“Sleight” is a 2016 American science fiction drama film about a street magician in Los Angeles. The film is directed by J.D. Dillard, written by Dillard and Alex Theurer and stars Jacob Latimore, Seychelle Gabriel, Dulé Hill, Storm Reid, Sasheer Zamata and Michael Villar. A young street magician (Jacob Latimore) is left to care for his little sister after their parents passing and turns to illegal activities to keep a roof over their heads. When he gets in too deep, his sister is kidnapped and he is forced to use his magic and brilliant mind to save her. Charles Scott IV wrote the score and it’s his first such composition after contributing to a the music lot of Bad Robot productions like “Fringe” and “Star Trek into Darkness”.
The score opens with “Welcome home”, a dark textural cue that mixes electronic music with a vocal chanting motif; it introduces me to a tense atmosphere that feels like anything but a warm welcome home. There is a noise, a hiss effect over the cue that I see the composer carries into the next one “Mind trick”; it’s an interesting effect, like a static that sounds like a glitch. Maybe the composer wanted to suggest mind tricks or magic tricks with this. The first melodic cue is “Rex I” which is a piano and guitar duet that sounds entirely different from the way the score opened; it’s almost a psychedelic rock track from the 70s with the way the electric guitar and the bass wail on. It seems Rex occupies a special place in the story as his cues are always different.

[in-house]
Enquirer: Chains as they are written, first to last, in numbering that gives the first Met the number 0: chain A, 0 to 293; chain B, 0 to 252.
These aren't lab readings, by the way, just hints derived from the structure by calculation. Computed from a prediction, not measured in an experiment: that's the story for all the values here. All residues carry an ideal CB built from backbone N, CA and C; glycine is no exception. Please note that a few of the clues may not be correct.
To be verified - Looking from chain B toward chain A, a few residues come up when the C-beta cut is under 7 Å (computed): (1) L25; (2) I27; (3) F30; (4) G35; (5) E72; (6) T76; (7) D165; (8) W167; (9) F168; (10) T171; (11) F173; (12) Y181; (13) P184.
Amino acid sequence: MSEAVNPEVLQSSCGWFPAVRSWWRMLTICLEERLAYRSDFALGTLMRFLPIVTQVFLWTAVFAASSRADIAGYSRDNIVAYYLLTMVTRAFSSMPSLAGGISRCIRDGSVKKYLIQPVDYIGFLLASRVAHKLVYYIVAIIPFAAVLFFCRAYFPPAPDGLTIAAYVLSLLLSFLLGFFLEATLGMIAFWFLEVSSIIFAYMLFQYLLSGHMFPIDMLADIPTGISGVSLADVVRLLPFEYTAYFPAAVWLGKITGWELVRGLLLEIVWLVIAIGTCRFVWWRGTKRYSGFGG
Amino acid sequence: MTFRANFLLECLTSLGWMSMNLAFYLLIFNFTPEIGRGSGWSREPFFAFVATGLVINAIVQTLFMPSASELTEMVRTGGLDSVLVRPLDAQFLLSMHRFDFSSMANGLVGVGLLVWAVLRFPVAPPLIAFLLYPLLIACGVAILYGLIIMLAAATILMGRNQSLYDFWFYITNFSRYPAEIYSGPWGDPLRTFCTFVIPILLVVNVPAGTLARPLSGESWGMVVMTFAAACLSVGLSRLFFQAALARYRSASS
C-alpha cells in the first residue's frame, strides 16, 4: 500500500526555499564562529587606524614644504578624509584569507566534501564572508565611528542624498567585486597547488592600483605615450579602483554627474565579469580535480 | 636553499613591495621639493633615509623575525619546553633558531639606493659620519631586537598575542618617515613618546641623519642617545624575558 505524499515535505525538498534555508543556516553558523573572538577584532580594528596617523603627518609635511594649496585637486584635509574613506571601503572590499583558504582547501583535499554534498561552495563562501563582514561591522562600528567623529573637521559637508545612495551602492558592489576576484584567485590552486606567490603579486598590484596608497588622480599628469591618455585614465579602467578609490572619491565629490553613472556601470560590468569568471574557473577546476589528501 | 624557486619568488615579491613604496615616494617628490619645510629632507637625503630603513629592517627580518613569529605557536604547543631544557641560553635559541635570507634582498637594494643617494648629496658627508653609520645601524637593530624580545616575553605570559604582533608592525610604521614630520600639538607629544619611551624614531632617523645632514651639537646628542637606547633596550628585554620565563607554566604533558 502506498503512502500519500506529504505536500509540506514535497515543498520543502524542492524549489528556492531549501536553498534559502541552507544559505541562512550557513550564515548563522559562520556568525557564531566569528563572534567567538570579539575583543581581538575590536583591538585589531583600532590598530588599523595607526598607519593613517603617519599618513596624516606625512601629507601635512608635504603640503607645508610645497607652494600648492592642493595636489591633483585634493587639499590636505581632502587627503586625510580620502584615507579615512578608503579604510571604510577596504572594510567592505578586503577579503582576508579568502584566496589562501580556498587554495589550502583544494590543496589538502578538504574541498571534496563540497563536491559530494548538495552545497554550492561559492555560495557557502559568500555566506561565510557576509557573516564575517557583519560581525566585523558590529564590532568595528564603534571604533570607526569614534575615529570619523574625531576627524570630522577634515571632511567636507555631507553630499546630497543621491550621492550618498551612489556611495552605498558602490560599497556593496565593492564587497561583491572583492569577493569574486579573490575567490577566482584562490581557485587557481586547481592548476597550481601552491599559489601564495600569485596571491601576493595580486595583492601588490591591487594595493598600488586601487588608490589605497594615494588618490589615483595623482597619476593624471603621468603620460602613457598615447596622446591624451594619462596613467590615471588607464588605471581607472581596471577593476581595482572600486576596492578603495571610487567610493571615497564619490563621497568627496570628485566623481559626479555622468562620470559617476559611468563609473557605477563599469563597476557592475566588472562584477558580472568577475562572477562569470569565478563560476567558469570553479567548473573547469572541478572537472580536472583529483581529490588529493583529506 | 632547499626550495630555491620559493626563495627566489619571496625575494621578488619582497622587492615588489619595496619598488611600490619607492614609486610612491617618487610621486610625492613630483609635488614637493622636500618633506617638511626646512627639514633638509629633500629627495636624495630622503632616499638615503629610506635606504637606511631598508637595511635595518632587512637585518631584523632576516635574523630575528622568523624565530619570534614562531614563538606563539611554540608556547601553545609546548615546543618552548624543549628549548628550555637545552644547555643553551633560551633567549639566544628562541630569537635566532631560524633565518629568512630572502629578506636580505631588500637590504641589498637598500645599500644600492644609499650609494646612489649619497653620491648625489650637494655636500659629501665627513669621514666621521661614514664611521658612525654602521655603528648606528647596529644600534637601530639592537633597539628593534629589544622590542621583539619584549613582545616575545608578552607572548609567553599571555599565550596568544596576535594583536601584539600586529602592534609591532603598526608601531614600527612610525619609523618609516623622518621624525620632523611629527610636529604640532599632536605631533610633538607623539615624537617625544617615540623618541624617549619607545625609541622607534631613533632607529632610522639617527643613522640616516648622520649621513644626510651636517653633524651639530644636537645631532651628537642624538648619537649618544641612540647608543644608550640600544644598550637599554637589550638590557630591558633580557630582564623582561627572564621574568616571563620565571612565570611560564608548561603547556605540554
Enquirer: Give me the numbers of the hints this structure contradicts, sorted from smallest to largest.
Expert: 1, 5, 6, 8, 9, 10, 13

As soon as I get used to a sound the composer switches it again but since “Get me out of here” is an awesome retro synth piece I cannot complain as I’ve already found my gem in this score. As soon as I find this one I am hit with something like “Chop chop” which doesn’t really count as music as it’s just an uncomfortable and abusive collection of sounds. This variety which has as single common point dark tension is hurting the standalone listening experience as I can’t make much sense of the music. I cling to the ambient electronic moments since those are my favourites.
“Sleight” is one of those scores where the musical experiments of the composer make me curious about the movie because they surely fit better there, in the context of the story, then in a standalone listen; I found pleasurable moments like those ambient cues but most of the time the score was uncomfortable to listen to. I am sure this was the intention of Charles Scott IV, to give a dense and tense texture that makes the listener feel at unease but without the movie to justify it it doesn’t work that well. What I am taking away from this score is the potential of this composer to write great dark electronic or ambient music and I hope he focuses more on that for his next score.
Cue rating: 72 / 100
Total minutes of excellence: 6 / 39
Album excellence: 14%
Get me Out of Here